Teddies, Fetishes and the Management Consulting Scam

Paul Culmsee
Oct 18, 2016 · 7 min read

What if I told you that the key to becoming a successful management consultant was to become a Teddy Bear? What if I also told you that it involves fetishes? You might be re-checking the URL to make sure you are on the right site!

Fear not, this article is definitely not “50 Shades of Management Consulting Grey”. Nor is it about donning a cuddly animal suit as a mascot for a football team. To borrow from the much loved children’s TV show “Playschool,” there’s definitely a bear in there, but not the one you might be thinking!

You see, for many people, modern corporate life is now at a point where pace of change is accelerating, unrelenting and fatiguing. In my home state of Western Australia, businesses are reeling from unprecedented levels of disruption and uncertainty, be it the end of the commodity boom, the impact of global competition or disruptive, technology-enabled innovation. It is now difficult to think of any industry that has not had the ground shift beneath it in some way — except perhaps, for Management Consulting.

Management Consulting thrives in an environment of fear, ambiguity and doubt, principally because its business model is based on the presumption that they can make it go away. It’s lucrative too — ambiguity is such a powerful force that executives will part with copious amounts of cash in attempts to escape it.

This is understandable when you consider what ambiguity does to the human brain. Neuroscience studies have shown that the human brain processes ambiguity very differently to risk. The latter is like playing blackjack, where the rules of the game are known and the odds of possible outcomes are therefore calculable. The number of people willing to have a dabble at the casino illustrates humans don’t seem to have much of an issue with that. Indeed, risk is processed by the pre-frontal cortex of the brain, the part that governs logical thinking.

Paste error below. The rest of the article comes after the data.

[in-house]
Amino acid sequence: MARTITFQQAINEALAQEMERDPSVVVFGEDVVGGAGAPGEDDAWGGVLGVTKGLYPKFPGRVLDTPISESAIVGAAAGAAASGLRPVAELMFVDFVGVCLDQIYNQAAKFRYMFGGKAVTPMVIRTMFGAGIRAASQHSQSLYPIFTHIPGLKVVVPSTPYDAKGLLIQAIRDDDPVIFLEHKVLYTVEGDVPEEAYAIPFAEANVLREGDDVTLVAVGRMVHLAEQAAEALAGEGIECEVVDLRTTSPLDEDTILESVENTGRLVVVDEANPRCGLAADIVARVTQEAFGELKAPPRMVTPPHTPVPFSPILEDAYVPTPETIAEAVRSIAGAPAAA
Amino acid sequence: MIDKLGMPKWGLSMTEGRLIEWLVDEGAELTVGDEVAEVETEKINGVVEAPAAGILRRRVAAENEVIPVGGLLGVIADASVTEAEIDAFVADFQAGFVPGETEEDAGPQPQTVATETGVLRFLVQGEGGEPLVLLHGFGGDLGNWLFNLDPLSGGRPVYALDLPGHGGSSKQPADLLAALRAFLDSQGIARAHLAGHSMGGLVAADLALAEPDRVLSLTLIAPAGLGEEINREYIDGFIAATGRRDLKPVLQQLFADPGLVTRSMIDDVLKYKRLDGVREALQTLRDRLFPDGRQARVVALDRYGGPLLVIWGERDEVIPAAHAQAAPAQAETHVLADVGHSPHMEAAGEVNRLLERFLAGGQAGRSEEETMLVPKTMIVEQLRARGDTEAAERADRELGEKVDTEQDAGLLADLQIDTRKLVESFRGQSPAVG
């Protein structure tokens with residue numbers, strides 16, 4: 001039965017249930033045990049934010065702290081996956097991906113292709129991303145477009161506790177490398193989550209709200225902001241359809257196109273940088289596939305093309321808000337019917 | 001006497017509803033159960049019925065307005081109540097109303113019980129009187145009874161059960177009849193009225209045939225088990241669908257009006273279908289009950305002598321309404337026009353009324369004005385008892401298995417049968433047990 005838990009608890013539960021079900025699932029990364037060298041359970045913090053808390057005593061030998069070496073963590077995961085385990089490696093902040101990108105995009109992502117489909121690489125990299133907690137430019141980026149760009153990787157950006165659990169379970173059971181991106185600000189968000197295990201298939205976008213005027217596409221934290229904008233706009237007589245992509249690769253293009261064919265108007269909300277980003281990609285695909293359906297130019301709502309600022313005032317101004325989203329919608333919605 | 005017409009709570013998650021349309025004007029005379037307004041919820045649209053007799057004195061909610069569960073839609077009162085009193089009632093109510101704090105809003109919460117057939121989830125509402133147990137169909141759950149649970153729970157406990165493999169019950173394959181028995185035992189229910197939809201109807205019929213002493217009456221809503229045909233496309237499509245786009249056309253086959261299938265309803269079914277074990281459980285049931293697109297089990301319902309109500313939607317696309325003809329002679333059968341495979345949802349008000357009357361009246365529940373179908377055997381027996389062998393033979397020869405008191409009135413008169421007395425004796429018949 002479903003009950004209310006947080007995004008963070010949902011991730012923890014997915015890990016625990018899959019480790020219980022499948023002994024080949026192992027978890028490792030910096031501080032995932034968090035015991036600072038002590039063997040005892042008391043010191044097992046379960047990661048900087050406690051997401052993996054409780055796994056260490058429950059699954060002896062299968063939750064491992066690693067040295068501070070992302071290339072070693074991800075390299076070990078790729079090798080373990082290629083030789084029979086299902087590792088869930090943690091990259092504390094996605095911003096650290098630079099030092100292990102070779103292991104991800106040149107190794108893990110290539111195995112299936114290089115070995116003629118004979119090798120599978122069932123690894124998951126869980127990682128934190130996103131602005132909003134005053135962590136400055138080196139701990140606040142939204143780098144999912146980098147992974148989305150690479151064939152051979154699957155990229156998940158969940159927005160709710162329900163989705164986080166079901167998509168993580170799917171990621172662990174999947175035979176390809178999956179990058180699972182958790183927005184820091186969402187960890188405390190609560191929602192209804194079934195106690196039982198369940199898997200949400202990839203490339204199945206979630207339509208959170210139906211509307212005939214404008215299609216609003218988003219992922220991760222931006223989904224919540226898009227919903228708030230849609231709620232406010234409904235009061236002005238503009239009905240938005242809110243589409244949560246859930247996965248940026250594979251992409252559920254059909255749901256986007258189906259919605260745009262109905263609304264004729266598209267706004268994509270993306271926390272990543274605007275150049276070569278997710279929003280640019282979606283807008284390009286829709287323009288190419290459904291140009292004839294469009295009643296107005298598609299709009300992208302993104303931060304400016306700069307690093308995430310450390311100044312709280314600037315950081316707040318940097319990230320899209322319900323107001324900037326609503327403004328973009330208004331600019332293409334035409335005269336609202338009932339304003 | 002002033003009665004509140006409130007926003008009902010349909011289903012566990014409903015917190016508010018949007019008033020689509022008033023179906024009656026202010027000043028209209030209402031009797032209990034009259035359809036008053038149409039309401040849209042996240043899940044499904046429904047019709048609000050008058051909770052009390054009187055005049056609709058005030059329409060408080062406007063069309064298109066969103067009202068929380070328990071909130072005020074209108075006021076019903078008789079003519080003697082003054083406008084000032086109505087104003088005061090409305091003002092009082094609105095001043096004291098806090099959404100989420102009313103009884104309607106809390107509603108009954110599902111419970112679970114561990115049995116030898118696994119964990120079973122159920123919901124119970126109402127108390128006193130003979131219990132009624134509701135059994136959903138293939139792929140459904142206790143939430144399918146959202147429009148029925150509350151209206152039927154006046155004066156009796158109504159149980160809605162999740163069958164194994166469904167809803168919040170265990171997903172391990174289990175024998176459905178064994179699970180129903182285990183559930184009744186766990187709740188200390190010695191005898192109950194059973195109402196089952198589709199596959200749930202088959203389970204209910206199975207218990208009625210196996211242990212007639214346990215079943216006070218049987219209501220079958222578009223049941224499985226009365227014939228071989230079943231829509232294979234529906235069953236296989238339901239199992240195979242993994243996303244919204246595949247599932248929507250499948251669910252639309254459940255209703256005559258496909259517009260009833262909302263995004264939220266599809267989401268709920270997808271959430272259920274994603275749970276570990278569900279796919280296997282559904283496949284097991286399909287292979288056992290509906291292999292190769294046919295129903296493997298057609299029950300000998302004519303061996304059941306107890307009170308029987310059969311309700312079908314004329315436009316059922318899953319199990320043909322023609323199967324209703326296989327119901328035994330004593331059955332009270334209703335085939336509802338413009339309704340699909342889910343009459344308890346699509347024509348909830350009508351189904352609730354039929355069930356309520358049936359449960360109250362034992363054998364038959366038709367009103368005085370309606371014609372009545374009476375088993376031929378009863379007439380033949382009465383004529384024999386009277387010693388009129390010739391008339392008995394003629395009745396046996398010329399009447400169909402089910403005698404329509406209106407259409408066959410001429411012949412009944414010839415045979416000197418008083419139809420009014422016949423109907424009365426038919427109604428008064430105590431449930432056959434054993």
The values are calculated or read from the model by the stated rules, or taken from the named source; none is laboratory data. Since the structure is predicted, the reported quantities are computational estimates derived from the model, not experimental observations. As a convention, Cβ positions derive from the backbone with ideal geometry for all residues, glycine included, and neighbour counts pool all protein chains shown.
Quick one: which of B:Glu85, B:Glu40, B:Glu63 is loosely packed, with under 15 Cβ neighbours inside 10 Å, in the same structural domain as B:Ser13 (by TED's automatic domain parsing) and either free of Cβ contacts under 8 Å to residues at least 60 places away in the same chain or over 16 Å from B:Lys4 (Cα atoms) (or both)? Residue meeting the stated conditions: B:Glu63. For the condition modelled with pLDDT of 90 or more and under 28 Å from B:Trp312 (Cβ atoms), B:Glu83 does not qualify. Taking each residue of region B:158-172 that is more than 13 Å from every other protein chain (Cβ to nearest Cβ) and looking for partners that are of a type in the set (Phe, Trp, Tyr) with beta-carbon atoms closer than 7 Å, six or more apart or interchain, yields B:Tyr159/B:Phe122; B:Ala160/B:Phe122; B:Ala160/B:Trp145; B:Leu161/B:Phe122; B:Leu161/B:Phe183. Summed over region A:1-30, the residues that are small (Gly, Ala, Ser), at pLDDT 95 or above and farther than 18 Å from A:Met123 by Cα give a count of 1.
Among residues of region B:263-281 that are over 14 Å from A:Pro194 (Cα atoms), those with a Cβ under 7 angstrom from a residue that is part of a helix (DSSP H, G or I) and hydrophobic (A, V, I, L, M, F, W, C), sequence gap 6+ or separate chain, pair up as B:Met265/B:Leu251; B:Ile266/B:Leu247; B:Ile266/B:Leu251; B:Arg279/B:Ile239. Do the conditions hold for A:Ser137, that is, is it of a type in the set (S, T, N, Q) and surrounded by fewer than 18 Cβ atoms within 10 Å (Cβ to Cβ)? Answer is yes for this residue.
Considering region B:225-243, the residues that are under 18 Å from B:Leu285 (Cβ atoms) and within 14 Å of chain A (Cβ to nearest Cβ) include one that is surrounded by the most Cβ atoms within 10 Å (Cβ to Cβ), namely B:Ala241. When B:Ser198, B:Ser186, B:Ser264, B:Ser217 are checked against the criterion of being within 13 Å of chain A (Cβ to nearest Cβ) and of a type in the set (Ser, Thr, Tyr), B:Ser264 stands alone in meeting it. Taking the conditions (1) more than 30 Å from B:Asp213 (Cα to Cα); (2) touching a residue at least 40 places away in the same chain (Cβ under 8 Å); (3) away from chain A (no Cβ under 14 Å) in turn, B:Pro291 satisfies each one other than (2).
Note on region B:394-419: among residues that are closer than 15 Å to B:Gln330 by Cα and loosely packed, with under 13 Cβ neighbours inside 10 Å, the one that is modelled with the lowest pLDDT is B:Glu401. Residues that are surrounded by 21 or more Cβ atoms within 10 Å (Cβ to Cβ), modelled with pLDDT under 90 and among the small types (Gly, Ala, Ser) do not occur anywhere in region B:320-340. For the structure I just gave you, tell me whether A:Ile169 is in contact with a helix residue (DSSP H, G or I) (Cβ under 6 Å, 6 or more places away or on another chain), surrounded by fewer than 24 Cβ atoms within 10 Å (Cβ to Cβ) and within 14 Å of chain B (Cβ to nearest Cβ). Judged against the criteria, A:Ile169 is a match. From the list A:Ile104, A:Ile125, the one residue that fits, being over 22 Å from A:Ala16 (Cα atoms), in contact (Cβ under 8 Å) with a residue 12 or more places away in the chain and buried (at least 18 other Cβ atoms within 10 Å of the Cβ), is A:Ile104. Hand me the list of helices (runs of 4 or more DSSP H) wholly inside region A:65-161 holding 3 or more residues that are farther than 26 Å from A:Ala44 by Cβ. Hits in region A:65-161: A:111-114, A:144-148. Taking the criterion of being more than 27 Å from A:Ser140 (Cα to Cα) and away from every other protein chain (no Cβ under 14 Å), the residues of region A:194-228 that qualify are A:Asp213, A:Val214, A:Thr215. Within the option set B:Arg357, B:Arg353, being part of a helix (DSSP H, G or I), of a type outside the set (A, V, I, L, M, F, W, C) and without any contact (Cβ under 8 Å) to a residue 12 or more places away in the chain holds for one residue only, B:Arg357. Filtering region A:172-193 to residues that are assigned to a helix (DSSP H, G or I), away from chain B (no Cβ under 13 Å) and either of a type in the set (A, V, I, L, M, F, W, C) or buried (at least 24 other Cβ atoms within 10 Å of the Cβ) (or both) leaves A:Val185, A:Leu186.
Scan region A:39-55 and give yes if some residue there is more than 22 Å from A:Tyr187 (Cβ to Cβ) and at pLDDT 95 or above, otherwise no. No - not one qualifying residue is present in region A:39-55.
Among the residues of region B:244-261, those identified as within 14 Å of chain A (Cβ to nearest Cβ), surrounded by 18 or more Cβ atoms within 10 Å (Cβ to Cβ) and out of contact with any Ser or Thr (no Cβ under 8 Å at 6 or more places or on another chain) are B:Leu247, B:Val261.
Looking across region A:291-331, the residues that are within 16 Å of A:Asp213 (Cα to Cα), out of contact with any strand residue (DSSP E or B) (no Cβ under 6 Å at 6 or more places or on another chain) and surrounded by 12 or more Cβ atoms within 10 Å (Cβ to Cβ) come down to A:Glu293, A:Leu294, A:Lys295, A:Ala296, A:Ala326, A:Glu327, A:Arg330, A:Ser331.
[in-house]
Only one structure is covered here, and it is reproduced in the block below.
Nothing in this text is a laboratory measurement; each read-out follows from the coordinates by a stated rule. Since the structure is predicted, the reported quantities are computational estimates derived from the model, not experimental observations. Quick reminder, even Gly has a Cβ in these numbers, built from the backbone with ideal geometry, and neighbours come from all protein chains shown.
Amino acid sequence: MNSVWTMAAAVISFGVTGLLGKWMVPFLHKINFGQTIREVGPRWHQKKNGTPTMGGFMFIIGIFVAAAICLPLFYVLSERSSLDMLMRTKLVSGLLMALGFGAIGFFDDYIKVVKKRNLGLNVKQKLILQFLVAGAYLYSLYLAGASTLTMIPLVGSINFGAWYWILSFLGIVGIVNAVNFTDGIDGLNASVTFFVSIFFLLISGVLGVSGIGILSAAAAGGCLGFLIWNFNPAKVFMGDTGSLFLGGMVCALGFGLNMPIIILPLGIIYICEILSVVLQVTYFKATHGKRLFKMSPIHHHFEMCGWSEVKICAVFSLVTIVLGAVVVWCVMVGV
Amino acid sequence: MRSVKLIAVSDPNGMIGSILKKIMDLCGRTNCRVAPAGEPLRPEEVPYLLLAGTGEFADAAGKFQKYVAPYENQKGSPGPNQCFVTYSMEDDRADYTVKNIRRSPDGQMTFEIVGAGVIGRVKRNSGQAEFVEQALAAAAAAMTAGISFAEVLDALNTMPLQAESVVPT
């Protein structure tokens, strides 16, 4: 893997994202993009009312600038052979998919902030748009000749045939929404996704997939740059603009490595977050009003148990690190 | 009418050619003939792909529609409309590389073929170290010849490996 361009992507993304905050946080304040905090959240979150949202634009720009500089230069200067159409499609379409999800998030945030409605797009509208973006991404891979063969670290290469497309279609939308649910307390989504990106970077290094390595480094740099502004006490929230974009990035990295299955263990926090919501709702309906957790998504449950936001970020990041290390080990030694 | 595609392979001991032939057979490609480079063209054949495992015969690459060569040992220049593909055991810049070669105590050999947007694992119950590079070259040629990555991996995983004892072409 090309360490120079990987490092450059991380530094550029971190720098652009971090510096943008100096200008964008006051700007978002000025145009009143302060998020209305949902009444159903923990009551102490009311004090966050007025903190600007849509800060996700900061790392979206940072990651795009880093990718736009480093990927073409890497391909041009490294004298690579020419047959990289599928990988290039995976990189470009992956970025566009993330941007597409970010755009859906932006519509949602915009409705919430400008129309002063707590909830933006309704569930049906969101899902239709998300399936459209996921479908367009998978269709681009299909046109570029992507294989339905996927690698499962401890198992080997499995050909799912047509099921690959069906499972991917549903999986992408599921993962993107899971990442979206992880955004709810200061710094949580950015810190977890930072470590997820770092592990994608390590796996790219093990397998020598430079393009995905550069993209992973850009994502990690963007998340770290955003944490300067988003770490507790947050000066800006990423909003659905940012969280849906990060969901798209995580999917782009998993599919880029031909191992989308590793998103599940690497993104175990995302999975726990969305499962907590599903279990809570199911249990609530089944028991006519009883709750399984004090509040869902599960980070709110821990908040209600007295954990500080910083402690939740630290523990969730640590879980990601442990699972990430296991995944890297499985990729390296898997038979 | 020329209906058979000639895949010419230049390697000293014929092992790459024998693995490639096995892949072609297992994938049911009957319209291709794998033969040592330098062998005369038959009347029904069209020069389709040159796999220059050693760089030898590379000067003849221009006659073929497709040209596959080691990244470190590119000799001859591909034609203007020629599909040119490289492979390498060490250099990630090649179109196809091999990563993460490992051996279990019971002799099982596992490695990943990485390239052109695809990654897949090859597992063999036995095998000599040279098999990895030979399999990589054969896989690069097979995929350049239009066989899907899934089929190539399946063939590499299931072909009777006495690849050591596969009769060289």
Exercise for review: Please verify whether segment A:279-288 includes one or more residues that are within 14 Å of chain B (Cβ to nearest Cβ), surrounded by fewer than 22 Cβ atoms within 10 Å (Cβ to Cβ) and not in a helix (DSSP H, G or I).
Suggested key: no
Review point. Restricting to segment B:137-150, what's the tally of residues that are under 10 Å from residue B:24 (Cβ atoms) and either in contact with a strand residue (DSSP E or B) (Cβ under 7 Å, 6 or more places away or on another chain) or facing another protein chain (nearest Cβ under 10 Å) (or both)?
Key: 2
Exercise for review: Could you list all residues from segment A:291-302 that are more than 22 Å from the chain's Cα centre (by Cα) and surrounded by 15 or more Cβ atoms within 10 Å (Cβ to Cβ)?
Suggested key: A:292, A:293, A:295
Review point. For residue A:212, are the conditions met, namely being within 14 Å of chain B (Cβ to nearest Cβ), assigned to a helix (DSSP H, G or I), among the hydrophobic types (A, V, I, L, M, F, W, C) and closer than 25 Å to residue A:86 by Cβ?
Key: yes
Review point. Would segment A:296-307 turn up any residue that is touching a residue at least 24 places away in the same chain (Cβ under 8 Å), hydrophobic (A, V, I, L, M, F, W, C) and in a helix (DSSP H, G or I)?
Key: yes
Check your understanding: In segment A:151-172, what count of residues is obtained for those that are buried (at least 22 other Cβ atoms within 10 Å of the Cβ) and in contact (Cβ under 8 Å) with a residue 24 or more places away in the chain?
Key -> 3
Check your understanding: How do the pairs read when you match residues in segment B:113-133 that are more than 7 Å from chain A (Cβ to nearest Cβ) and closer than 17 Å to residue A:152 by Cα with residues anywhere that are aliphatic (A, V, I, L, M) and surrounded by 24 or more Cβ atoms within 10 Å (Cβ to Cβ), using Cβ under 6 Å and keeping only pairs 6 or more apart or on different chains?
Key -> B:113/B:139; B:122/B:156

But with ambiguity, “unknown unknowns” are the norm. Not only that, the rules have a nasty habit of changing as the situation evolves, making it very hard to determine consistent patterns of cause and effect. It turns out that such situations are processed in the areas of the brain that govern our emotional responses. Thus for many people, ambiguous situations are associated with feelings of anxiety. For those who have a low tolerance for ambiguity, the feeling of anxiety can be overwhelming.

Now think about this sort of ambiguity in an organizational setting. Here, the environment and culture tend to amplify the negative effects of ambiguity to the point of outright dysfunction. Take for example an organization with a strong blame culture. People who work in such an environment are generally keen to avoid ambiguous situations because it could make them vulnerable to scapegoating. This amplifies ambiguity intolerance to the point that anything that might provide an escape route from scapegoating is adopted. The problem is, at best this is likely to be an unproductive solution from the point of view of the wider organization. At worst, it is likely doomed to fail.

The Management Consulting industry is fully cognizant of this phenomenon and knows exactly how to exploit it. The “scam” of management consulting, as suggested by the title is this: It does not really matter what remedy you offer, so long as you can turn it, or yourself, into a teddy bear.